Omicron Variant and Recommendation for Boosters: A Letter from the Nooksack Health Officer

Health Center

December 16, 2021

Out of concern about the Omicron variant, the CDC has recommended that everyone 16+ receive a COVID-19 booster dose. Within the last few weeks, the Omicron variant has come to Washington. This variant appears to spread twice as quickly as the Delta variant, which spread too quickly already. It will likely replace Delta in our region very quickly, most likely within a few weeks. Prior COVID infection does not protect well against this strain, and we do not yet know how effective the vaccines will be.

This is a serious development. Already St. Joe’s is running over 100% occupancy, which means that both ill people with COVID and ill people from everything else (car crashes, heart attacks) may not be able to get into the hospital.

The greatest risk is for the unvaccinated. If you know any one that is not immunized, please ask them to do so now. Anyone ages 5 and older can now get vaccinated. Vaccination protects both the individual and the community. If a high-risk person becomes infected, it is very important that they seek care immediately by calling the clinic or going to urgent care in town after calling. There are infusions (monoclonal antibodies) and some medications that can be lifesaving IF taken early enough — within 24 hours of onset of symptoms. These interventions are for those at high-risk of complications, elders, and those with immune compromise. Conditions like diabetes are immunocompromizing IF it is not well controlled. So now is a time to be sure to take your medications, eat healthy, and go for that walk every day.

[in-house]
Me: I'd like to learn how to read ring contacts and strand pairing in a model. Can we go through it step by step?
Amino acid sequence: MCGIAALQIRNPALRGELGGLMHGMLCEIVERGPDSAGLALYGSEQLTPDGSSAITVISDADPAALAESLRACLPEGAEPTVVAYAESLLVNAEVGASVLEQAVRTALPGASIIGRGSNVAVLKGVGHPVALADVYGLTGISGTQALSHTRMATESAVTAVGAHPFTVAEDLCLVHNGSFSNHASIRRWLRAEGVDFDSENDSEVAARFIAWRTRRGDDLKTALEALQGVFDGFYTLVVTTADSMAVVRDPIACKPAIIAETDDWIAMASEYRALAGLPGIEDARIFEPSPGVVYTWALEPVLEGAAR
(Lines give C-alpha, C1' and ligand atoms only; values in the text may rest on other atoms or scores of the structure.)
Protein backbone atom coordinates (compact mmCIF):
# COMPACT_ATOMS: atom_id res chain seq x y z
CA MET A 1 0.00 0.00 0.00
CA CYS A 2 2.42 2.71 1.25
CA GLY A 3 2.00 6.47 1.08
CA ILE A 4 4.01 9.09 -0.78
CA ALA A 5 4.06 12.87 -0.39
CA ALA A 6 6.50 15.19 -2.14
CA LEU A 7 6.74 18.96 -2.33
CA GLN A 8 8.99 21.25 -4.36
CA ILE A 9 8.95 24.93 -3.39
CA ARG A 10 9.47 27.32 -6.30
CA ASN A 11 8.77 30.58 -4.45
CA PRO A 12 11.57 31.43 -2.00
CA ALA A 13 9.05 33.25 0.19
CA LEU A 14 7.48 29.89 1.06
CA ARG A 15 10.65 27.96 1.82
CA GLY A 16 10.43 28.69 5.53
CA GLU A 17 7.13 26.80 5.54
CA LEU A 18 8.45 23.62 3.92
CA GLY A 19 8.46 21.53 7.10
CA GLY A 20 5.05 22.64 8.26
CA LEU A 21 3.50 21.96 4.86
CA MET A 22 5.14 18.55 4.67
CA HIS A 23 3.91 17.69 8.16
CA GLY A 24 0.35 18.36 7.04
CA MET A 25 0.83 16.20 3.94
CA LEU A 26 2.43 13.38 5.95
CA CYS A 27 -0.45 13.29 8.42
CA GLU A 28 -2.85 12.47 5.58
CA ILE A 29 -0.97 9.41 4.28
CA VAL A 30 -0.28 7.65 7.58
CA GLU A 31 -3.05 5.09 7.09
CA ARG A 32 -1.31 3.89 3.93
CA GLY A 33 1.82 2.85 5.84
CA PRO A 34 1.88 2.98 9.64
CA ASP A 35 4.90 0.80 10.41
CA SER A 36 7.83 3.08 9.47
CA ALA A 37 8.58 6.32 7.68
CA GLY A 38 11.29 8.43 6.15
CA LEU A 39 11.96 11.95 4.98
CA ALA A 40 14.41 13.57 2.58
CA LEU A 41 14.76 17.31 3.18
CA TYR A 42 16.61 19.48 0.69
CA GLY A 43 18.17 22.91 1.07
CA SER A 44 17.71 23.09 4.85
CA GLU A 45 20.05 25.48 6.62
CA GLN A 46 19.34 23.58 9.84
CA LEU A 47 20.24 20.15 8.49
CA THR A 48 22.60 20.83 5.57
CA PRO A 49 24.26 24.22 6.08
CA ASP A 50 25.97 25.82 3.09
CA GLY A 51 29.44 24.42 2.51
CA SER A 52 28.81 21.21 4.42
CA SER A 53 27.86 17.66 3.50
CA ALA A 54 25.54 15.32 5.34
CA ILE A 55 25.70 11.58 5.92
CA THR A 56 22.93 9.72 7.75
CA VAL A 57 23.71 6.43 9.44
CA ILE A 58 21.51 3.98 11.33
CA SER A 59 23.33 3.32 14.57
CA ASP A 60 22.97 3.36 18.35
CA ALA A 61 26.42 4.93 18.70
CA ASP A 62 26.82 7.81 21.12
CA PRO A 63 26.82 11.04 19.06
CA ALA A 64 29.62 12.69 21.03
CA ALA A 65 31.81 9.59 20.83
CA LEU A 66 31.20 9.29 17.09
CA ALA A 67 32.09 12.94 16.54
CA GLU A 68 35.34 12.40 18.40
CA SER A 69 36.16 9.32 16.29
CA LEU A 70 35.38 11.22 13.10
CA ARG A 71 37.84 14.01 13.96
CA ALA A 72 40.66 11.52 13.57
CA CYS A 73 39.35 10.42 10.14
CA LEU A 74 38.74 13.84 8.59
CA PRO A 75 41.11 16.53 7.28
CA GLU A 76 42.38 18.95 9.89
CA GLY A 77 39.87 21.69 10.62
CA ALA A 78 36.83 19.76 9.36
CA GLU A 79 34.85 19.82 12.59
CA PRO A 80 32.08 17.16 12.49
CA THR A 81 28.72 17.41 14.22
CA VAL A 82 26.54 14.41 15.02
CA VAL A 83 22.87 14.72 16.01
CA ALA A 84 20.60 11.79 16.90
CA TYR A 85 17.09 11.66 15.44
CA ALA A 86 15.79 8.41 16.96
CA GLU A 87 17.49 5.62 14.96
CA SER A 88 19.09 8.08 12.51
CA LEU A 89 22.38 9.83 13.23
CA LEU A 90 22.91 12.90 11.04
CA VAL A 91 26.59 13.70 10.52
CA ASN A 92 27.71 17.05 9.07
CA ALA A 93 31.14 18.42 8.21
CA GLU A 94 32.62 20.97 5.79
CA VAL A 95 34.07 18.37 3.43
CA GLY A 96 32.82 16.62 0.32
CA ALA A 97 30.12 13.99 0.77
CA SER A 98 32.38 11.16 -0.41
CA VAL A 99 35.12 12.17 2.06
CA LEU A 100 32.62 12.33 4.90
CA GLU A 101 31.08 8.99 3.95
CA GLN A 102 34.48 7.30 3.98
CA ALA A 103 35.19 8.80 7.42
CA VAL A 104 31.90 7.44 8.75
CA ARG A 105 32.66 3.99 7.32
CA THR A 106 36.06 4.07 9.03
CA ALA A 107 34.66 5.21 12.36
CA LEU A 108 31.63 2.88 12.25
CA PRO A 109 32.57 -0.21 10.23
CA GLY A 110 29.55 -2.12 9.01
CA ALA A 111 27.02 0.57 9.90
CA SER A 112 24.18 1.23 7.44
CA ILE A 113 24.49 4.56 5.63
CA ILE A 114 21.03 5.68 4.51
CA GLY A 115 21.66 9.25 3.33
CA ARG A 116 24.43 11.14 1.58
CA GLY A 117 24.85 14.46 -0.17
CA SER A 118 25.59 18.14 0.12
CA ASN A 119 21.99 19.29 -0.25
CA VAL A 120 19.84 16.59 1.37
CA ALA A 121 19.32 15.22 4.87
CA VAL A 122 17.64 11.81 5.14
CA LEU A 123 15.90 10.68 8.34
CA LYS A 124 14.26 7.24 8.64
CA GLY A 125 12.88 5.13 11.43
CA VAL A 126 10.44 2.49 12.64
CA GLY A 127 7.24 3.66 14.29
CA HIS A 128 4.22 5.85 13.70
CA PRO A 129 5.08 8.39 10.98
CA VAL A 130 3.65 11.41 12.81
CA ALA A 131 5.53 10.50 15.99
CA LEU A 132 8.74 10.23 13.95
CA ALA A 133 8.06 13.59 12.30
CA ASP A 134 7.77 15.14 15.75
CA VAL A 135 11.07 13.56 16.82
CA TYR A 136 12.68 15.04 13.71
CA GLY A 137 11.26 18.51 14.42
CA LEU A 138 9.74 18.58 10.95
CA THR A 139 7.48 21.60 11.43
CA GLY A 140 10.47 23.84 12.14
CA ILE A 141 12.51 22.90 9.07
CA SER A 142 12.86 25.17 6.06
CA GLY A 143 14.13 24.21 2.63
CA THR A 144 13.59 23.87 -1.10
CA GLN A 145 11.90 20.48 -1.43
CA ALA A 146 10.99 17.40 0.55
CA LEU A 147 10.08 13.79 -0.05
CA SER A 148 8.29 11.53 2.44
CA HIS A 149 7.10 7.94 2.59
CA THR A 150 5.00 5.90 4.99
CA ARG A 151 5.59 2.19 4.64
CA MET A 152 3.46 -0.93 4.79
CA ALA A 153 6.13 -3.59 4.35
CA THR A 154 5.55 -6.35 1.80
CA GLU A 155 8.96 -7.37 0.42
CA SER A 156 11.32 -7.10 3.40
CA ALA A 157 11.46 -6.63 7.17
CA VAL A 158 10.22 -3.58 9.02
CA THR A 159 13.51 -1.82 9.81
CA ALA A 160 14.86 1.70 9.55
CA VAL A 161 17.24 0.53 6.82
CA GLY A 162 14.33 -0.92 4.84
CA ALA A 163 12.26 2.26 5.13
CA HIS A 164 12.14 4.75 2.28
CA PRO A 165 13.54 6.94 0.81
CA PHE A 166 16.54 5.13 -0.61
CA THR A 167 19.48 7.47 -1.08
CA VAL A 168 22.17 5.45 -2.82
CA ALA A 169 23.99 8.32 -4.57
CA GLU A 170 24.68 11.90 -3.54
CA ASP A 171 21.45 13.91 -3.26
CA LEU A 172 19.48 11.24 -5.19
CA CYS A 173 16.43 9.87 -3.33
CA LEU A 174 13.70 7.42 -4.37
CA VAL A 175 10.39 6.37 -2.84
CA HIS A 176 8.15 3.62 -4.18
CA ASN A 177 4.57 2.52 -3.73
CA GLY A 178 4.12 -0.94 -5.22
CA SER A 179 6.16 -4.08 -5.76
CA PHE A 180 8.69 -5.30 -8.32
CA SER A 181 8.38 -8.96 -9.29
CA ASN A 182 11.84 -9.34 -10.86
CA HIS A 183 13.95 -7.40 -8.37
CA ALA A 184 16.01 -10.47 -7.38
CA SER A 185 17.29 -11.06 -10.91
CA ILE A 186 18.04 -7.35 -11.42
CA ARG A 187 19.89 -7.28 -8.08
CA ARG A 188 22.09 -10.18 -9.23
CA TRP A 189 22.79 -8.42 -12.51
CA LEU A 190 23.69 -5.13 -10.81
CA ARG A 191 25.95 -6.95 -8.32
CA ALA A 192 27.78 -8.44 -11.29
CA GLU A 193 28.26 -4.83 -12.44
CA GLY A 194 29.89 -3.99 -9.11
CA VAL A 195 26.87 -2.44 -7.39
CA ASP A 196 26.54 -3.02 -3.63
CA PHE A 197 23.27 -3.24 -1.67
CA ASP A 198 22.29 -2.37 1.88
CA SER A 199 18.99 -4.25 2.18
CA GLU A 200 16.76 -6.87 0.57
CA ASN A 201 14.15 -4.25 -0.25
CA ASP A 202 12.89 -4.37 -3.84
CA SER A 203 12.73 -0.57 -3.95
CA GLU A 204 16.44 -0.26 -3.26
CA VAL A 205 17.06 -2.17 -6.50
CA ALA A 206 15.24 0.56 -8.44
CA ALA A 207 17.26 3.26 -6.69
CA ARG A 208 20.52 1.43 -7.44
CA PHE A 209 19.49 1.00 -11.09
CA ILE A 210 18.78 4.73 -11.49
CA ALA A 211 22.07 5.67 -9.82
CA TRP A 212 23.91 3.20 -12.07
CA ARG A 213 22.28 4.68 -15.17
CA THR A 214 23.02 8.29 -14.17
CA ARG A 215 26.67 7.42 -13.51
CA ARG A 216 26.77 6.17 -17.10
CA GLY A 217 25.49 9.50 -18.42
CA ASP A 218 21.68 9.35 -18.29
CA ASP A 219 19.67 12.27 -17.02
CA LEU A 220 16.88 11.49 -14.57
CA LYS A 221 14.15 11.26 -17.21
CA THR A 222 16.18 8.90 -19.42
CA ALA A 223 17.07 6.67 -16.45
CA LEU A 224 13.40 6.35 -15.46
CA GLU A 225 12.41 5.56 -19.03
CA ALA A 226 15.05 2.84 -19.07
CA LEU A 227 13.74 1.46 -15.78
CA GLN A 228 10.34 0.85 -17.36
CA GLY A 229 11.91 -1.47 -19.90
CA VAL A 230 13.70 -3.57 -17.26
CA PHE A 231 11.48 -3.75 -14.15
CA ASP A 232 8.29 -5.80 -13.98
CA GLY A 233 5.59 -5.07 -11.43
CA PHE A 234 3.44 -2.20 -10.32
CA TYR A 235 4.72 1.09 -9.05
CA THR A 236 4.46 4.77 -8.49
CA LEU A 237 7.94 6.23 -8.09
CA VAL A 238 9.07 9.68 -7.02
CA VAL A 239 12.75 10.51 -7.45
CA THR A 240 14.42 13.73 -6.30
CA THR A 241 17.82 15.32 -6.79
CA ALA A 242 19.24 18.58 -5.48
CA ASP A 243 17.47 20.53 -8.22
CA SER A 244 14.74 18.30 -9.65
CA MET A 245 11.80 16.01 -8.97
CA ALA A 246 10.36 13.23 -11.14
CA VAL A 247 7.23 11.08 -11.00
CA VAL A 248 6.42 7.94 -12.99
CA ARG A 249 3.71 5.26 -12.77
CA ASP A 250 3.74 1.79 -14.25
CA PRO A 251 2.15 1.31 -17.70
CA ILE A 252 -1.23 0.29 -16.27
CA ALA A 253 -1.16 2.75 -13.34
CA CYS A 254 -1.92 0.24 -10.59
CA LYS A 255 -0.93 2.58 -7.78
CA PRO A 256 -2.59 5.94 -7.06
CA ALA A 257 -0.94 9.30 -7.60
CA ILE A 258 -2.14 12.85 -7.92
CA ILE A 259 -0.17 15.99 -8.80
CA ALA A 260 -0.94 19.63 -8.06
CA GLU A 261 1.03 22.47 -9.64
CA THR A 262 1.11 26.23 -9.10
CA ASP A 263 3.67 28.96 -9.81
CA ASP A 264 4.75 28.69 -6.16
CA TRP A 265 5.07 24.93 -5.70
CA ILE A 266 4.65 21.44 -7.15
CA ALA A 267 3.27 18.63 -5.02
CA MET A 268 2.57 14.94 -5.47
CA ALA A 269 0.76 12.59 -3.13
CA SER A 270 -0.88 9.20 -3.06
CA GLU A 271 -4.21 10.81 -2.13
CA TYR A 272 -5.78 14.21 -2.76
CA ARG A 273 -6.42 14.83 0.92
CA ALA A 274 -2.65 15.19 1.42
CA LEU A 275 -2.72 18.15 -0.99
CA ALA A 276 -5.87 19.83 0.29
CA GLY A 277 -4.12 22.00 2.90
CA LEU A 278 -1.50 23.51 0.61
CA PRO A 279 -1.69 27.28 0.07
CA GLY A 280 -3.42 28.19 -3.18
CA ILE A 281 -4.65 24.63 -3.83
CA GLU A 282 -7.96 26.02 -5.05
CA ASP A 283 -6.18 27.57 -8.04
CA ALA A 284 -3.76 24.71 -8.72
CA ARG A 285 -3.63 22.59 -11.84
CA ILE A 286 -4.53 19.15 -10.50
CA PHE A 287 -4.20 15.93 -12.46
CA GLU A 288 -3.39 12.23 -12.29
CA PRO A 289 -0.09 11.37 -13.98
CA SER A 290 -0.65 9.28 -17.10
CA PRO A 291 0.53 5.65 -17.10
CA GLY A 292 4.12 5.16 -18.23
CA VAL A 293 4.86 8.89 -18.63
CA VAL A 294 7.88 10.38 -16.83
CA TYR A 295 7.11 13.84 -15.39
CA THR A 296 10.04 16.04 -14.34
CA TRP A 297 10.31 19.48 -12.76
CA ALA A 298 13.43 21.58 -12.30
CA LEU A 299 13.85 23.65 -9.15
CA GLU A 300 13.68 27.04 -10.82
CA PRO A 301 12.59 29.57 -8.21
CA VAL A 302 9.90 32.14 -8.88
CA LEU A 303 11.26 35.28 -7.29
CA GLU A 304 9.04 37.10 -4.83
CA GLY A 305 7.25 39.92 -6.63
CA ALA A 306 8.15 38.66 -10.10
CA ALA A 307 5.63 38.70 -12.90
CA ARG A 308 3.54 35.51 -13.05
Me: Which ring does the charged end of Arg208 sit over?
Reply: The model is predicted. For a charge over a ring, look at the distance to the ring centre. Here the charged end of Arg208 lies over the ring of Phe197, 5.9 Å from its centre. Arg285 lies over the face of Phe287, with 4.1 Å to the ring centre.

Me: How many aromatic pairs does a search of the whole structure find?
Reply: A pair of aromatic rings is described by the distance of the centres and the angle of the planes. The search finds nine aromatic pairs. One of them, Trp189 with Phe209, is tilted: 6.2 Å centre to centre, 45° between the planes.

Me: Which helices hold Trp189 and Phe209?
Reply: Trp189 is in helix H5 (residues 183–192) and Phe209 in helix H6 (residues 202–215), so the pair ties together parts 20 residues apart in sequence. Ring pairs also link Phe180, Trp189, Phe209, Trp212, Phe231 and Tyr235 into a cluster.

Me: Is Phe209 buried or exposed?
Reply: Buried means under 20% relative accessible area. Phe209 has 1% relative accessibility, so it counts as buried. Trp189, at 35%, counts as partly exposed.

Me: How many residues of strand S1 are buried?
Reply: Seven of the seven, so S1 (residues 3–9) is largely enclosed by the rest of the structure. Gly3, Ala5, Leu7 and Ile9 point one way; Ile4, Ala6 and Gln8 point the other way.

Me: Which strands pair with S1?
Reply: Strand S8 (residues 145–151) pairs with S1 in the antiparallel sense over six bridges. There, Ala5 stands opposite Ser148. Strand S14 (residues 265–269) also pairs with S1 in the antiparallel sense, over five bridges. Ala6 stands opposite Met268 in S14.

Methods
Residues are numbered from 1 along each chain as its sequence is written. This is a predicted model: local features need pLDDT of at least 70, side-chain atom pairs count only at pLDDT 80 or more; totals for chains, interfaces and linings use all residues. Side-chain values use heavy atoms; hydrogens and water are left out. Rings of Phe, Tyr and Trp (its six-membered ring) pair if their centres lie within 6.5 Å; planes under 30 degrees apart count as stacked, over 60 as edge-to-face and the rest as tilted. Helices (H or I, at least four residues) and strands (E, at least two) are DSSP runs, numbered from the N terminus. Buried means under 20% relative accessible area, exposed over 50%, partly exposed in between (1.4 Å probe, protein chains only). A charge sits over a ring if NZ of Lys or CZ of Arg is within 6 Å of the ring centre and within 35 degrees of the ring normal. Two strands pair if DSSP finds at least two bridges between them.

We want to inform you that everyone ages 16+ can now get a COVID-19 vaccine booster.

You can get your booster:

  • 6 months after your 2nd dose of the Pfizer-BioNTech or Moderna vaccine; or
  • 2 months after your single dose of Johnson & Johnson’s Janssen vaccine.

The COVID-19 vaccines continue to work very well at preventing severe illness, hospitalization, and death, including from the Delta variant. A booster shot is an extra dose that helps keep up protection.

At this point, over-the-counter rapid antigen tests are also available. Every family should keep some available at home. At this time, cough with a fever remains the most common accurate symptoms that testing is recommended for. 

Between now and the end of the year is a time to be much more careful about wearing a mask and staying with those you live with. If there are elders in your family be sure to call them every day to check in.

Our community has done a great job so far but the hardest part of this pandemic has just arrived. By mid-January we should be past the worst of it, but for now we need to increase our efforts to protect those that are not able to protect themselves.


Frank James MD

Health Officer
Nooksack Indian Tribe